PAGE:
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Browse Prior Art Database

Electroplating Fixture With Efficient Uniformity Control

IP.com Disclosure Number: IPCOM000044070D
Original Publication Date: 1984-Oct-01
Included in the Prior Art Database: 2005-Feb-05
Document File: 2 page(s) / 39K

Publishing Venue

IBM

Related People

Chesnutt, RB: AUTHOR [+3]

Abstract

This invention provides a more efficient method of controlling uniformity across the cathode in electroplating. When electroplating solution seeps past the parts of certain types of cathodes, metal can be deposited on the inner surfaces of the cathode, causing poor thickness uniformity. Also, the normal current distribution due to pattern geometry creates areas of high and low density across the cathode, causing further lack of uniformity. To eliminate these problems, a new cathode has been designed and used in the electrodeposition of metals and alloys. It consists of a nonconductive cathode body placed between a thin metal overly and a plexiglas back plate (see figure). To gain proper deposit uniformity, it is necessary to electrodeposit around the parts on the cathode surface.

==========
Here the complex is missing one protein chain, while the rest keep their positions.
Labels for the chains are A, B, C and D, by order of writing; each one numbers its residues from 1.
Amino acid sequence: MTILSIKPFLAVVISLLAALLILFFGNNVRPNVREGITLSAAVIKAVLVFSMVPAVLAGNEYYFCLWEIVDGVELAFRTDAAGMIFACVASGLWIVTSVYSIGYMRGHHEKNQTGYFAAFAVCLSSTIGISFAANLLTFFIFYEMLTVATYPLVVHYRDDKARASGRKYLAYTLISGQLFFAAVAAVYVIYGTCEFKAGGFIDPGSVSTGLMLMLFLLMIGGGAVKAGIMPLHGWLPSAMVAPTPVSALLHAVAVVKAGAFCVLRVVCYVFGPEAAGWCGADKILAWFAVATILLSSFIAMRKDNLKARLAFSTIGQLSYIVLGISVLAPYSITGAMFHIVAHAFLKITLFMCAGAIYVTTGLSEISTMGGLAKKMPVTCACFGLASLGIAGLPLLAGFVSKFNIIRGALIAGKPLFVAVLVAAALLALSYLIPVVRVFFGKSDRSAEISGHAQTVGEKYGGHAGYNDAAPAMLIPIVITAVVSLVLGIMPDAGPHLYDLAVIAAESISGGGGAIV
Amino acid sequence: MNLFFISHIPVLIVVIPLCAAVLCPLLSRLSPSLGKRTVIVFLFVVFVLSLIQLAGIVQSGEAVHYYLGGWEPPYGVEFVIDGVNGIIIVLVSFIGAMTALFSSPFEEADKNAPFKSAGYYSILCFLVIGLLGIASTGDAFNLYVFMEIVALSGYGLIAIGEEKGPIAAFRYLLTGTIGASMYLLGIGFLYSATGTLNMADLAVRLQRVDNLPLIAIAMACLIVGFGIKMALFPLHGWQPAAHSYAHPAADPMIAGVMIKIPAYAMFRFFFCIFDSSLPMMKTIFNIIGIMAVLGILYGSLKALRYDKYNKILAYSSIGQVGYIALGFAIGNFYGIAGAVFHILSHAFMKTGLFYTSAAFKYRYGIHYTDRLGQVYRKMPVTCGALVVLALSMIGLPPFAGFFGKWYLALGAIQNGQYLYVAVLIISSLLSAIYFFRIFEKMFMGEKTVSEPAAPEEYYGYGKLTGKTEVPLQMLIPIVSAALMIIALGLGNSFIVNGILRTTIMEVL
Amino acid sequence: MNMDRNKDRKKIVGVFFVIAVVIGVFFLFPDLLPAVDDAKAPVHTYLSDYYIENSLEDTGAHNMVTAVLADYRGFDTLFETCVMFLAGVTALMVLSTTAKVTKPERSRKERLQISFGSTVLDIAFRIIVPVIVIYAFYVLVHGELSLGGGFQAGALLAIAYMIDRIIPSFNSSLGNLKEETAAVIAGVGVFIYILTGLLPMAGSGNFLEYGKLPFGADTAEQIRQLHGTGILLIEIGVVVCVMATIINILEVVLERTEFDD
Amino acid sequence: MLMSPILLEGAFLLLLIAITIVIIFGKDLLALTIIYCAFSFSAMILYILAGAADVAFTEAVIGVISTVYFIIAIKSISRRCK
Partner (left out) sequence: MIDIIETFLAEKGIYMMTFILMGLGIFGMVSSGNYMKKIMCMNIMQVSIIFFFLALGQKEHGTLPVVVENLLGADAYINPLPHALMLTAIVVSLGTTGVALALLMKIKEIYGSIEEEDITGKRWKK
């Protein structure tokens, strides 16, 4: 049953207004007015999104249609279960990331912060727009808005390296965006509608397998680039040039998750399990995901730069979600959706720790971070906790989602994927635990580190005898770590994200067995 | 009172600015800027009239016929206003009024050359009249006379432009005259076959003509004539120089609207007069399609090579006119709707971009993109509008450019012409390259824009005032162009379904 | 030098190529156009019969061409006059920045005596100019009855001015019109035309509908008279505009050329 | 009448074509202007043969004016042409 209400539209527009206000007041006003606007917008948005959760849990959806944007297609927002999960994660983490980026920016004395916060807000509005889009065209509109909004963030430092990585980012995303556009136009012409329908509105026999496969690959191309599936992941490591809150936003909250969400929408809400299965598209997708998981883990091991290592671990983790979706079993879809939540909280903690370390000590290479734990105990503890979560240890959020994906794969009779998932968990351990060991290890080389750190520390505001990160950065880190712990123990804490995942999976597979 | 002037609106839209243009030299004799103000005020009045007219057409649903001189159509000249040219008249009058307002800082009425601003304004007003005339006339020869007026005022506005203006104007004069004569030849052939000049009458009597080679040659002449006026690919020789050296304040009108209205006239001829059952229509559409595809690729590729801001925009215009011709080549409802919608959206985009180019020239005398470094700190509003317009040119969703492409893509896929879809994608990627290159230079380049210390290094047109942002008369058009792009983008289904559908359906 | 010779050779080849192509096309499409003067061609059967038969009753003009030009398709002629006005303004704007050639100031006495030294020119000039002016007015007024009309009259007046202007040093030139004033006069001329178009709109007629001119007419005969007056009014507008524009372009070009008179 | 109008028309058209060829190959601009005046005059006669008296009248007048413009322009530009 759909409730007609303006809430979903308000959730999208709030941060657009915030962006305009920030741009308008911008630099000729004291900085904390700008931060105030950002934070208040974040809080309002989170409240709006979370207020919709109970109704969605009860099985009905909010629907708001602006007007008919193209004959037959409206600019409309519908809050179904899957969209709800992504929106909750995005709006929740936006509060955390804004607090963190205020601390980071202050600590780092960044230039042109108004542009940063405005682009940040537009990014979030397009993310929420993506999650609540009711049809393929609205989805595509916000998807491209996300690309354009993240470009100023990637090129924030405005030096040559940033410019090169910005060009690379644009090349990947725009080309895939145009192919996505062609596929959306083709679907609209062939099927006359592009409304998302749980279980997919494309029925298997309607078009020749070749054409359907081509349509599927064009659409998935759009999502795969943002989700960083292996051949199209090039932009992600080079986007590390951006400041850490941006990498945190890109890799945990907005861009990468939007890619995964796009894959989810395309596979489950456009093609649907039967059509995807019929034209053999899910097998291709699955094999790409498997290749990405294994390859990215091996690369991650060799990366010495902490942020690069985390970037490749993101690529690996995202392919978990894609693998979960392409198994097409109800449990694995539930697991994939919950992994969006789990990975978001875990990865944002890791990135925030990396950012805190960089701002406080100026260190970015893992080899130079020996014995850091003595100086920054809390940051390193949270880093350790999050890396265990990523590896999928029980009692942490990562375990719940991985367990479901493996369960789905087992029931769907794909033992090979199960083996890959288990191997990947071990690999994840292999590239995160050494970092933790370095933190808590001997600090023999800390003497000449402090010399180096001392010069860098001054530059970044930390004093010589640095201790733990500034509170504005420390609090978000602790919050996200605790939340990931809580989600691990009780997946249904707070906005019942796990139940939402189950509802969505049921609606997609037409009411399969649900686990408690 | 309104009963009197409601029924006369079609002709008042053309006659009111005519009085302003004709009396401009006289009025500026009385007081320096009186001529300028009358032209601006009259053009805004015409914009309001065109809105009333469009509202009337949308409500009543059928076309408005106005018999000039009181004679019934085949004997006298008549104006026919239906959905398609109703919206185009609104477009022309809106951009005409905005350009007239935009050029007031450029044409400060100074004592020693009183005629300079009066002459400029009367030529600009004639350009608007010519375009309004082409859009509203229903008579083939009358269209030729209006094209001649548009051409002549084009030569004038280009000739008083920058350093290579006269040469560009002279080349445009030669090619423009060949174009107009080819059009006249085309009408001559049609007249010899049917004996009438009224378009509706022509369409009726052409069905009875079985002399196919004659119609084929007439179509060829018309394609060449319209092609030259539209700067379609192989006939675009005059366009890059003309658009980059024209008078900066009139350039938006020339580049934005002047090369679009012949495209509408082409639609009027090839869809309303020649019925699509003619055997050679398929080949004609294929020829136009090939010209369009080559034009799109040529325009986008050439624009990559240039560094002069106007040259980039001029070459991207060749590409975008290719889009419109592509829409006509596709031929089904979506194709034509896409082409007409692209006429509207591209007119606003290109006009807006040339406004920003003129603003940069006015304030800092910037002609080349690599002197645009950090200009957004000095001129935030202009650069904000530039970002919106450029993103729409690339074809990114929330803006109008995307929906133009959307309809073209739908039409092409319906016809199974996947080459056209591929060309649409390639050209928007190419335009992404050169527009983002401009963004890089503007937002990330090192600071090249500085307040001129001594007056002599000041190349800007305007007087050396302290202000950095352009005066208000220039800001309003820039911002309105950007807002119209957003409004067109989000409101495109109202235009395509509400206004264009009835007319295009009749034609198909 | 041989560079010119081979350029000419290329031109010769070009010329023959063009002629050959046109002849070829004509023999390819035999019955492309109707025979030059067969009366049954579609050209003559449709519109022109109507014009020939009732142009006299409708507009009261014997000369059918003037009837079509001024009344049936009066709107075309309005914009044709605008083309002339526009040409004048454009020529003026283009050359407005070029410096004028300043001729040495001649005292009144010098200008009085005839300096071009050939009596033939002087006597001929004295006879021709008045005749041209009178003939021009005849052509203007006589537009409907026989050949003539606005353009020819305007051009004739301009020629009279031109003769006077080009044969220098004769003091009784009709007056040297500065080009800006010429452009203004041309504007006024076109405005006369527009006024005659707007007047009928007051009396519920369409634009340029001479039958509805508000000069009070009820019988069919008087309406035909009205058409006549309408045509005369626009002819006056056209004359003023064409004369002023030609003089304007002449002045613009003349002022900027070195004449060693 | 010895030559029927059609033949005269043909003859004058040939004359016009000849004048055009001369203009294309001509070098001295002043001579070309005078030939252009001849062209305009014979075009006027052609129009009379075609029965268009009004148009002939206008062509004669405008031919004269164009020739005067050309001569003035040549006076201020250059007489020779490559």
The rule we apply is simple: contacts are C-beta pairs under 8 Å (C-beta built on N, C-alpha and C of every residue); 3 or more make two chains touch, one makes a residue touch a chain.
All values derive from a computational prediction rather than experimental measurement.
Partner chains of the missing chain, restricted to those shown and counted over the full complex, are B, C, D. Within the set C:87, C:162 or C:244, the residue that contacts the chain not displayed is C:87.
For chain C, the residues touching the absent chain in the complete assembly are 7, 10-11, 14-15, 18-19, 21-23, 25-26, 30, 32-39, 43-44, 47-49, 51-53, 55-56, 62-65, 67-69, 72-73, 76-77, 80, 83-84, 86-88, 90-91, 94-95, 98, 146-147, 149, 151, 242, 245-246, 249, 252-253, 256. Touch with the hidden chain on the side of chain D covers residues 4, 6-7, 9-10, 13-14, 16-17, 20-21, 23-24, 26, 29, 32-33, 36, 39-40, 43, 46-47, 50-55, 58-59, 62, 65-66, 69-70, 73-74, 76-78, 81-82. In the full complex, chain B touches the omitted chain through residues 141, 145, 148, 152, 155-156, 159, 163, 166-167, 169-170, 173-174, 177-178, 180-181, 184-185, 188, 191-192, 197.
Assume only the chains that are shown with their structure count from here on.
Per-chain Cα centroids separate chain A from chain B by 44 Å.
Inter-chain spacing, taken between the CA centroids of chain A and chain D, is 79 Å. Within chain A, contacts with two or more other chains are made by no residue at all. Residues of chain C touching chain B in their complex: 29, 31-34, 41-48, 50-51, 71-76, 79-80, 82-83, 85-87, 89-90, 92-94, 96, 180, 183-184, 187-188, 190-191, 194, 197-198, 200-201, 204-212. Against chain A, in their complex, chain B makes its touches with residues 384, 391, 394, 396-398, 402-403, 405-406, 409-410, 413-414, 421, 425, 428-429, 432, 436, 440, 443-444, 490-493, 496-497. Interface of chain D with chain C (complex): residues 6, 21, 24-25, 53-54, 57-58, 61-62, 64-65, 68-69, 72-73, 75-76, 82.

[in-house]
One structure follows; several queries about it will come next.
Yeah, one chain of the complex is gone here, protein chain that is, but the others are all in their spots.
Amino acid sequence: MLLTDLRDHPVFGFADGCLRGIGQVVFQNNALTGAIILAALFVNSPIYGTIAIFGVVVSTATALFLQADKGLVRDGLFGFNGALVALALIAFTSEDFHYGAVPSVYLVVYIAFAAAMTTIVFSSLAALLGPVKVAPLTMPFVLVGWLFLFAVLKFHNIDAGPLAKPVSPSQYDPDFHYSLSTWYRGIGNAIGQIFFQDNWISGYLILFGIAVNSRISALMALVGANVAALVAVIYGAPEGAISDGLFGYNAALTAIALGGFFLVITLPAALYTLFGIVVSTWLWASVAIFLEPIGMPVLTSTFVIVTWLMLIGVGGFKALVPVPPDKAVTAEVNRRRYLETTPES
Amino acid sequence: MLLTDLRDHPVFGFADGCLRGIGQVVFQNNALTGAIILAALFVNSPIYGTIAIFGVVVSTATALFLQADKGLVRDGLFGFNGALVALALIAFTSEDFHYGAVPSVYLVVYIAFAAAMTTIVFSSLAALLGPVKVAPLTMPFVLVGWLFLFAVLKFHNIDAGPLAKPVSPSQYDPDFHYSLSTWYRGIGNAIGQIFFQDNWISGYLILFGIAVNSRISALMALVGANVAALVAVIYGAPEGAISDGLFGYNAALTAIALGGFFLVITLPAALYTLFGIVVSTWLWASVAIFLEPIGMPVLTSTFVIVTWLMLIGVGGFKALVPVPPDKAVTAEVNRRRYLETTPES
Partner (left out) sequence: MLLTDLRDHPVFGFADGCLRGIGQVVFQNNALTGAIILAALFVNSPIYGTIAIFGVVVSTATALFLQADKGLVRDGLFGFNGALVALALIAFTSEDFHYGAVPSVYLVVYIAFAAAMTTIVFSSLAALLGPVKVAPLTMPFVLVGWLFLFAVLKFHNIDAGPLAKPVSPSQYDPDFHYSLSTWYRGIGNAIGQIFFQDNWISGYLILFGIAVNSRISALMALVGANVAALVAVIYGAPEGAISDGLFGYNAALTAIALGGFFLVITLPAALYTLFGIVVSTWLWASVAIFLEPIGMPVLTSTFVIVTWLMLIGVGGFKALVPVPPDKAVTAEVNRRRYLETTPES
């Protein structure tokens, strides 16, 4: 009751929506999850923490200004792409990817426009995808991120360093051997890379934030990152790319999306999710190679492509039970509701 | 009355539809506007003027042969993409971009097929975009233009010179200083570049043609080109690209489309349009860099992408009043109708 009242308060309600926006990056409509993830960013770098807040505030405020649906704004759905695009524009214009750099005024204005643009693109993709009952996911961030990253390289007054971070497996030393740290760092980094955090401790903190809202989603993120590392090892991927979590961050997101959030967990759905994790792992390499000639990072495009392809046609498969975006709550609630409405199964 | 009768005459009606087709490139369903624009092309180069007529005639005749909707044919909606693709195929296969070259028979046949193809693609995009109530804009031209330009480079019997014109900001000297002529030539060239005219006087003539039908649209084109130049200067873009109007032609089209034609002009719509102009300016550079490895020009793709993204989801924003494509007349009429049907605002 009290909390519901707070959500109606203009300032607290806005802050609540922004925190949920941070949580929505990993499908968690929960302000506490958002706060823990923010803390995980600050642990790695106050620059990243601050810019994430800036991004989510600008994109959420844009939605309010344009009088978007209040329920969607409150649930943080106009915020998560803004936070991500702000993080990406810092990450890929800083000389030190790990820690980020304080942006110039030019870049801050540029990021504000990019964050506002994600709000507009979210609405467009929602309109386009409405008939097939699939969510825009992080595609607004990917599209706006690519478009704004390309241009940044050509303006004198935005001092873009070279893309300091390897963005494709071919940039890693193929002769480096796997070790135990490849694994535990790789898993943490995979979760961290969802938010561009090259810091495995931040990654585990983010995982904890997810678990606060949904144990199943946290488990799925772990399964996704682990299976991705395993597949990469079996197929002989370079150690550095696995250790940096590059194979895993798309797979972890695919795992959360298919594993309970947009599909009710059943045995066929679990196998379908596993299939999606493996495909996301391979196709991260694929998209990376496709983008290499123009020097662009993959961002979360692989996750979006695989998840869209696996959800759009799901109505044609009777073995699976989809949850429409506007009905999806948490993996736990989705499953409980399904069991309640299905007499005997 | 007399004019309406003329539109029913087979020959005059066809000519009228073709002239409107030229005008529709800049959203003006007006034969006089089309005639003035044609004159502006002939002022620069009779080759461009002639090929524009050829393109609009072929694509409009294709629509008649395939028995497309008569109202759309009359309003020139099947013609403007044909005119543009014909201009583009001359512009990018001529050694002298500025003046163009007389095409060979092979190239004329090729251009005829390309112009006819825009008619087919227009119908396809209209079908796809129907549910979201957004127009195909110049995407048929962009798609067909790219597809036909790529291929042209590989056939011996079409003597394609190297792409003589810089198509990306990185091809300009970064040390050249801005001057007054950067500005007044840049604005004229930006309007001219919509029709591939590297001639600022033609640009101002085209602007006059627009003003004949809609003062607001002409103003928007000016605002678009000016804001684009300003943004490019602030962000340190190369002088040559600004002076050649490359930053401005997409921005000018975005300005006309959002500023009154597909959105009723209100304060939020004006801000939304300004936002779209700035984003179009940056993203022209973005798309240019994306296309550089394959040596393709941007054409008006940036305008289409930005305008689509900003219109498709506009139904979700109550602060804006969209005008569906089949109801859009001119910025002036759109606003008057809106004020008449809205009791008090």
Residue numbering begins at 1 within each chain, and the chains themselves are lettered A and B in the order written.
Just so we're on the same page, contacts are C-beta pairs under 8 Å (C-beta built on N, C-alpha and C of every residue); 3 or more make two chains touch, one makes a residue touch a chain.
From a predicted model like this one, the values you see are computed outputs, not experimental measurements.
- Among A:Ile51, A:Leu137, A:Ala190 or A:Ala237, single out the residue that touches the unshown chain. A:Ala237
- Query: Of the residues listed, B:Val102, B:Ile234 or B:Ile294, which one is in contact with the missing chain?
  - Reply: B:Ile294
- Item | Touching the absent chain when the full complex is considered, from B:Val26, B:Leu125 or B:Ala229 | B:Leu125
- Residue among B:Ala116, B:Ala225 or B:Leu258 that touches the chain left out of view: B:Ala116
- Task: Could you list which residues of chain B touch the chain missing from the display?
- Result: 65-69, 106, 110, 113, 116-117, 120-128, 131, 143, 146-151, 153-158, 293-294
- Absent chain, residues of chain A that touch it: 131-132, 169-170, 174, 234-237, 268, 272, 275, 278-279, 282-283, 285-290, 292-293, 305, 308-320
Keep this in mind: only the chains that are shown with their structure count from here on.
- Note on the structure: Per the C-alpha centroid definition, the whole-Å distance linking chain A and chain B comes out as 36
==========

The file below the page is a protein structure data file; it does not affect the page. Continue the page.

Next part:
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Electroplating Fixture With Efficient Uniformity Control

This invention provides a more efficient method of controlling uniformity across the cathode in electroplating. When electroplating solution seeps past the parts of certain types of cathodes, metal can be deposited on the inner surfaces of the cathode, causing poor thickness uniformity. Also, the normal current distribution due to pattern geometry creates areas of high and low density across the cathode, causing further lack of uniformity. To eliminate these problems, a new cathode has been designed and used in the electrodeposition of metals and alloys. It consists of a nonconductive cathode body placed between a thin metal overly and a plexiglas back plate (see figure). To gain proper deposit uniformity, it is necessary to electrodeposit around the parts on the cathode surface. Due to machining and rework processes for standard solid metal cathodes, the parts are usually located a minimum of .03 inch below the cathode surface. In this overlay design, the distance is reduced to .01 inch or less, allowing the formation of a more uniform diffusion layer. This results in better thickness and compositional uniformity as well as a reduced distance between the cathode surface and the parts. The overlay pattern can also be adjusted to influence current distribution. Cathodes based on this invention have been used to plate metal masks with a "reverse" plating thickness ramp. In other words, areas expected to be hi...